We have all used Box<T> before in our Rust code. It’s a glorious type, with great ergonomics and flexibility. We can use it to put our values on the heap, but it can do even more than that!

struct Fields {
    a: String,
    b: String,

let fields = Box::new(Fields { 
    a: "a".to_string(), 
    b: "b".to_string() 

let a = fields.a;
let b = fields.b;

This kind of partial deref move is just one of the spectacular magic tricks box has up its sleeve, and they exist for good reason: They are very useful. Sadly we have not yet found a way to generalize all of these to user types as well. Too bad!

Anyways, this post is about one particularly subtle magic aspect of box. For this, we need to dive deep into unsafe code, so let’s get our hazmat suits on and jump in!

An interesting optimization

We have this code here:

fn takes_box_and_ptr_to_it(mut b: Box<u8>, ptr: *const u8) {
    let value = unsafe { *ptr };
    *b = 5;
    let value2 = unsafe { *ptr };
    assert_ne!(value, value2);

let b = Box::new(0);
let ptr: *const u8 = &*b;
takes_box_and_ptr_to_it(b, ptr);

There’s a function, takes_box_and_ptr_to_it, that takes a box and a pointer as parameters. Then, it reads a value from the pointer, writes to the box, and reads a value again. It then asserts that the two values aren’t equal. How can they not be equal? If our box and pointer point to the same location in memory, writing to the box will cause the pointer to read the new value.

Now construct a box, get a pointer to it, and pass the two to the function. Run the program…

… and everything is fine. Let’s run it in release mode. This should work as well, since the optimizer isn’t allowed to change observable behaviour, and an assert is very observable. Run the program…

thread 'main' panicked at 'assertion failed: `(left != right)`
  left: `0`,
 right: `0`', src/main.rs:5:5

Hmm. That’s not what I’ve told would happen. Is the compiler broken? Is this a miscompilation? I’ve heard that those do sometimes happen, right?

Trusting our instincts that “it’s never a miscompilation until it is one”, we assume that LLVM behaved well here. But what allows it to make this optimization? Taking a look at the generated LLVM-IR (by using --emit llvm-ir -O, the -O is important since rustc only emits these attributes with optimizations on) reveals the solution: (severely shortened to only show the relevant parts)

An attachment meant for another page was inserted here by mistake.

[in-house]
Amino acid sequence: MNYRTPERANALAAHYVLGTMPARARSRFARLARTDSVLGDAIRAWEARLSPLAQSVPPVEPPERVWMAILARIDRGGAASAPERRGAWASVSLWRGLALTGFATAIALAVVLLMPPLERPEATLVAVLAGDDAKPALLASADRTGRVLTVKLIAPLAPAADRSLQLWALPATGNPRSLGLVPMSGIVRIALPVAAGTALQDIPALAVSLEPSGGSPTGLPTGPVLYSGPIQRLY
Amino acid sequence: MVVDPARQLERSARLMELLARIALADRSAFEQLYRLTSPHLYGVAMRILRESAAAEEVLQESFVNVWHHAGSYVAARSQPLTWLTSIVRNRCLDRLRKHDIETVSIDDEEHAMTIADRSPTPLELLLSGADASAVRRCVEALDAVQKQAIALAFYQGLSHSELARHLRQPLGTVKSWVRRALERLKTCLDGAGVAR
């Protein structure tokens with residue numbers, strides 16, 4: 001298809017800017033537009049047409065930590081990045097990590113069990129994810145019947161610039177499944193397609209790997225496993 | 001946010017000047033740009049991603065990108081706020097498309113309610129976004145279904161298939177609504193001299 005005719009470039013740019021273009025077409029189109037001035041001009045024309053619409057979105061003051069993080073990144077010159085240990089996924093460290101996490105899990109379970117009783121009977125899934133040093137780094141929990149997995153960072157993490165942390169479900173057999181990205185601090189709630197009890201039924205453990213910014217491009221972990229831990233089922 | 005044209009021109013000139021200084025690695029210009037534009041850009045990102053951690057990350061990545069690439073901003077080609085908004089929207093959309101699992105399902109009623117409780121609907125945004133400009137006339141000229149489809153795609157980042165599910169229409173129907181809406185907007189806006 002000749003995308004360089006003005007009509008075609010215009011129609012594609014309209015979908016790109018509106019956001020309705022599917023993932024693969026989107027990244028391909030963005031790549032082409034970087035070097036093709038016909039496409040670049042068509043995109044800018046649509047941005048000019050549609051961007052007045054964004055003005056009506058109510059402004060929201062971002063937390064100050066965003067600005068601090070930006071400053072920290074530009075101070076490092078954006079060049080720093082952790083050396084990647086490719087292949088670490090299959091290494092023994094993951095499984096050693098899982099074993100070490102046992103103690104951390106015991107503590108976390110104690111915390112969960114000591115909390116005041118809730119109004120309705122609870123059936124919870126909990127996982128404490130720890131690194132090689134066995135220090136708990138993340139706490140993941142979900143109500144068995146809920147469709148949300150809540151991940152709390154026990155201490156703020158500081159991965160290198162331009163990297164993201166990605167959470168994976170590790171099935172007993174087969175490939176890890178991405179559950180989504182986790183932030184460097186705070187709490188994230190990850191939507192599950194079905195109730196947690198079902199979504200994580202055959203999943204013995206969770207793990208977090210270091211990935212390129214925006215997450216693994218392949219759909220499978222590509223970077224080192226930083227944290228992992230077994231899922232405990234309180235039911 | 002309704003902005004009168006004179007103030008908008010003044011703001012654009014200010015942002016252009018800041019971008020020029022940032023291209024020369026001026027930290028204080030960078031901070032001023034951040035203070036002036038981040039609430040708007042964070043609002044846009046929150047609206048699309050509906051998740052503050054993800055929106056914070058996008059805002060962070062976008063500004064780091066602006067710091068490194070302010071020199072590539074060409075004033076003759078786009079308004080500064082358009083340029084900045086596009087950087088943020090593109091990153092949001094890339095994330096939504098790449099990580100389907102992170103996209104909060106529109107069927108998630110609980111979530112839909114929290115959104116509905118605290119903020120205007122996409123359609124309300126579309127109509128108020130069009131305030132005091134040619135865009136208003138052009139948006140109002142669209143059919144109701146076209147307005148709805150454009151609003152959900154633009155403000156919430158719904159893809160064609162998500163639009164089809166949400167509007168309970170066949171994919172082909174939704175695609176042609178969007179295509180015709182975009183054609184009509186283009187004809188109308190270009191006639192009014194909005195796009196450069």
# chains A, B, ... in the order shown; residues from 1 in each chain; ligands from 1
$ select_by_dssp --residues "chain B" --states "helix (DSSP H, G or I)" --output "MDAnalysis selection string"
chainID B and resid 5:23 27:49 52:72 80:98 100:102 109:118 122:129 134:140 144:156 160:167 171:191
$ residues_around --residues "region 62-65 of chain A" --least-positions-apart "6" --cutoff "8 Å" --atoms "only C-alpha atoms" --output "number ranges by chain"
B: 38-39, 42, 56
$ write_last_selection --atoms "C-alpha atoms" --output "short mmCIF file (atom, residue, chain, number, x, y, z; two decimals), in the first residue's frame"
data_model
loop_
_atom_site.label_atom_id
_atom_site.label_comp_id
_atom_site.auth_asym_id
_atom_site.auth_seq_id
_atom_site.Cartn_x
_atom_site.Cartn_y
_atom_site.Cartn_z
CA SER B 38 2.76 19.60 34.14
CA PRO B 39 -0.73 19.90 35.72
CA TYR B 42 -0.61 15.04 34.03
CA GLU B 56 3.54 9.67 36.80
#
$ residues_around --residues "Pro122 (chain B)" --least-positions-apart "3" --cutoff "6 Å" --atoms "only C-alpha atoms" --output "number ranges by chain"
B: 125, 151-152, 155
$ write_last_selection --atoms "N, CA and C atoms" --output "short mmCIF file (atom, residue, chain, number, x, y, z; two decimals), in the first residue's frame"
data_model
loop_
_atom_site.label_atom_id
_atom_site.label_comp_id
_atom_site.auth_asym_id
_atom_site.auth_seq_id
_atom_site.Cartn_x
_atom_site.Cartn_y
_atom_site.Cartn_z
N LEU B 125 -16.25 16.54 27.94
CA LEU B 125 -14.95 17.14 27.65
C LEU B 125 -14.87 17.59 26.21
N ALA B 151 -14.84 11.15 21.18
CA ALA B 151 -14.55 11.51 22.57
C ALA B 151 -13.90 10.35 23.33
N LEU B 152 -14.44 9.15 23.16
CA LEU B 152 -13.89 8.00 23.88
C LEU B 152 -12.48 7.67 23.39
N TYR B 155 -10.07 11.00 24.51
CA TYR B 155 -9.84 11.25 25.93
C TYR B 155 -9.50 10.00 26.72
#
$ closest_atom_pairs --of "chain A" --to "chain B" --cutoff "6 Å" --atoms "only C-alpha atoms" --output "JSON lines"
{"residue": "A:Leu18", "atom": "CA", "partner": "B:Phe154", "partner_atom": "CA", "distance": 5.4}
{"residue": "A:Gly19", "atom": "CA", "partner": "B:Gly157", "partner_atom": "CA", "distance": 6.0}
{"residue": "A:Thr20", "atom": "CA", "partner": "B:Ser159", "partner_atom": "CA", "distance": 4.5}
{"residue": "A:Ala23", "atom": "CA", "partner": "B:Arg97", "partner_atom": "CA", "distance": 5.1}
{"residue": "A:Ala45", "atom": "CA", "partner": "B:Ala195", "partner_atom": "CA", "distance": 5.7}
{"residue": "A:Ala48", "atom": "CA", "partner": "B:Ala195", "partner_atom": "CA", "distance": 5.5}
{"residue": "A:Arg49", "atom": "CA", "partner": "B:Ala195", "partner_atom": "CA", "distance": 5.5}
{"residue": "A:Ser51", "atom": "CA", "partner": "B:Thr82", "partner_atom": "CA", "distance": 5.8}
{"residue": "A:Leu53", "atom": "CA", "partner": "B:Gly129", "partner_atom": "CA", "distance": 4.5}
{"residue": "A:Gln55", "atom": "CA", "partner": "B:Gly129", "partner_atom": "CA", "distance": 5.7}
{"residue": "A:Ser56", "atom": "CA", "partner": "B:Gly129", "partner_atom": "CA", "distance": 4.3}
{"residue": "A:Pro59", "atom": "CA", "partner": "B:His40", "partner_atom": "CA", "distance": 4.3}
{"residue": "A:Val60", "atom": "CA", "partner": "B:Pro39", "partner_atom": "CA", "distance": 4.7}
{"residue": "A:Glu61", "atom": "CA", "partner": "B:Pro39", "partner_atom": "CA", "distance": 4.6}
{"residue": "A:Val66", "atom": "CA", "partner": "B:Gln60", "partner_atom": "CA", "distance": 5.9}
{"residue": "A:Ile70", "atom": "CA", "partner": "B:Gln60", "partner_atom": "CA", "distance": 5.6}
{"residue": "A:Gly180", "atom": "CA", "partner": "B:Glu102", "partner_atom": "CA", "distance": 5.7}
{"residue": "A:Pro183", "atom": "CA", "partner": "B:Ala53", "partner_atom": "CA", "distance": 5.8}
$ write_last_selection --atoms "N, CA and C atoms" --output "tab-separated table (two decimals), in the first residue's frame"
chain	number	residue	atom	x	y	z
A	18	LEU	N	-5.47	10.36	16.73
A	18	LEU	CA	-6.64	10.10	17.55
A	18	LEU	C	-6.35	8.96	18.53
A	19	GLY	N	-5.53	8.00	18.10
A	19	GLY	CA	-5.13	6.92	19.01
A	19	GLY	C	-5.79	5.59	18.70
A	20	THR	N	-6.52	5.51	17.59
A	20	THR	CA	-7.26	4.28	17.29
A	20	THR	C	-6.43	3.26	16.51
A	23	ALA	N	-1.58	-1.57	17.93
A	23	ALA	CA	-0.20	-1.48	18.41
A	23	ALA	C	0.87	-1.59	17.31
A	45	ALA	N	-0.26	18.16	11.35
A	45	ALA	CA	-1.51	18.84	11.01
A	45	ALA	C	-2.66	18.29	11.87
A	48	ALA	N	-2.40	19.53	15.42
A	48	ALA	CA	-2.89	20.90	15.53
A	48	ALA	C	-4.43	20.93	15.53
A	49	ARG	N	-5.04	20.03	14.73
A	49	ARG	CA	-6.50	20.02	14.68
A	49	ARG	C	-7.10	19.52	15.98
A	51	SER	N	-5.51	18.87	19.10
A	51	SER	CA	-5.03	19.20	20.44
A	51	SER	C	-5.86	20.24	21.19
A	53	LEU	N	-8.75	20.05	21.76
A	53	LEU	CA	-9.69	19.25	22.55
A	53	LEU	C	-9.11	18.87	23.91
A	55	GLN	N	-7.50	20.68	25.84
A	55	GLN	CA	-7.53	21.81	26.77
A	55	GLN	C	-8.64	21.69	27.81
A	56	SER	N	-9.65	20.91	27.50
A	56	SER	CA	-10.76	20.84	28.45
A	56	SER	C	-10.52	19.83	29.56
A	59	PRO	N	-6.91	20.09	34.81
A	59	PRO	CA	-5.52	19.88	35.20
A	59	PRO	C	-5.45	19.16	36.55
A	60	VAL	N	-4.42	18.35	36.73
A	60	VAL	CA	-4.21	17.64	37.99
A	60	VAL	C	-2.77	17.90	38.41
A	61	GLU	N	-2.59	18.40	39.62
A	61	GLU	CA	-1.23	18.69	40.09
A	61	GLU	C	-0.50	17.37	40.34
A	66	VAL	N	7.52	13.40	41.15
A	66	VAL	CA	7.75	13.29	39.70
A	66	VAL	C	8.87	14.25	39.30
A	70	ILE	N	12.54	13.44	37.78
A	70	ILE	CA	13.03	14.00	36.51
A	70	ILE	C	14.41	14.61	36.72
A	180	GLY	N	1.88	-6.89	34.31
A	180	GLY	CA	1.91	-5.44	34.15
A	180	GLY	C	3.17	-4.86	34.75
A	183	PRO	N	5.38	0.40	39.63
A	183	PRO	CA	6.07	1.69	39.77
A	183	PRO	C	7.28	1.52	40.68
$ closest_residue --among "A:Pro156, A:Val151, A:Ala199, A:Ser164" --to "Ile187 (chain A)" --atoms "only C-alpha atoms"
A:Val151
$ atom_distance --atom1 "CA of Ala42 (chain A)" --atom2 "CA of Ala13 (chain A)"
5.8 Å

define void @takes_box_and_ptr_to_it(i8* noalias %0, i8* %ptr) {

See the little attribute on the first parameter called noalias? That’s what’s doing the magic here. noalias is an LLVM attribute on pointers that allows for various optimizations. If there are two pointers, and at least one of them is noalias, there are some restrictions around the two. Approximately:

  • If one of them writes, they must not point to the same value (alias each other)
  • If neither of them writes, they can alias just fine. Therefore, we also apply noalias to &mut T and &T (if it doesn’t contain interior mutability through UnsafeCell<T>), since they uphold these rules.

For more info on noalias, see LLVMs LangRef.

This might sound familiar to you if you’re a viewer of Jon Gjengset’s content (which I can highly recommend). Jon has made an entire video about this before since his crate left-right was affected by this (https://youtu.be/EY7Wi9fV5bk).

If you’re looking for any hint that using box emits noalias, you have to look no further than the documentation for std::boxed. Well, the nightly or beta docs, because I only added this section very recently. For years, this behaviour was not really documented, and you had to belong to the arcane circles of the select few who were aware of it. So lots of code was written thinking that box was “just an RAII pointer” (a pointer that allocates the value in the constructor and deallocates it in the destructor on drop) for all pointers are concerned.

Stacked Borrows and Miri

So, LLVM was completely correct in optimizing our code to make the assert fail. But what exactly gave it permission to do so? Undefined Behaviour (UB for short). Undefined behaviour is at the root of many modern compiler optimizations. But what is undefined behaviour? UB represents a contract between the program and the compiler. The compiler assumes that UB will not happen, and can therefore optimize based on these assumptions. Examples of UB also include use-after-free, out of bounds reads or data races. If UB is executed, anything can happen, including segmentation faults, silent memory corruption, leakage of private keys or exactly what you intended to happen.

Miri is an interpreter for Rust code with the goal of finding undefined behaviour in Rust. I cannot recommend Miri highly enough for all unsafe code you’re writing (sadly support for some IO functions and FFI is still lacking, and it’s still very slow).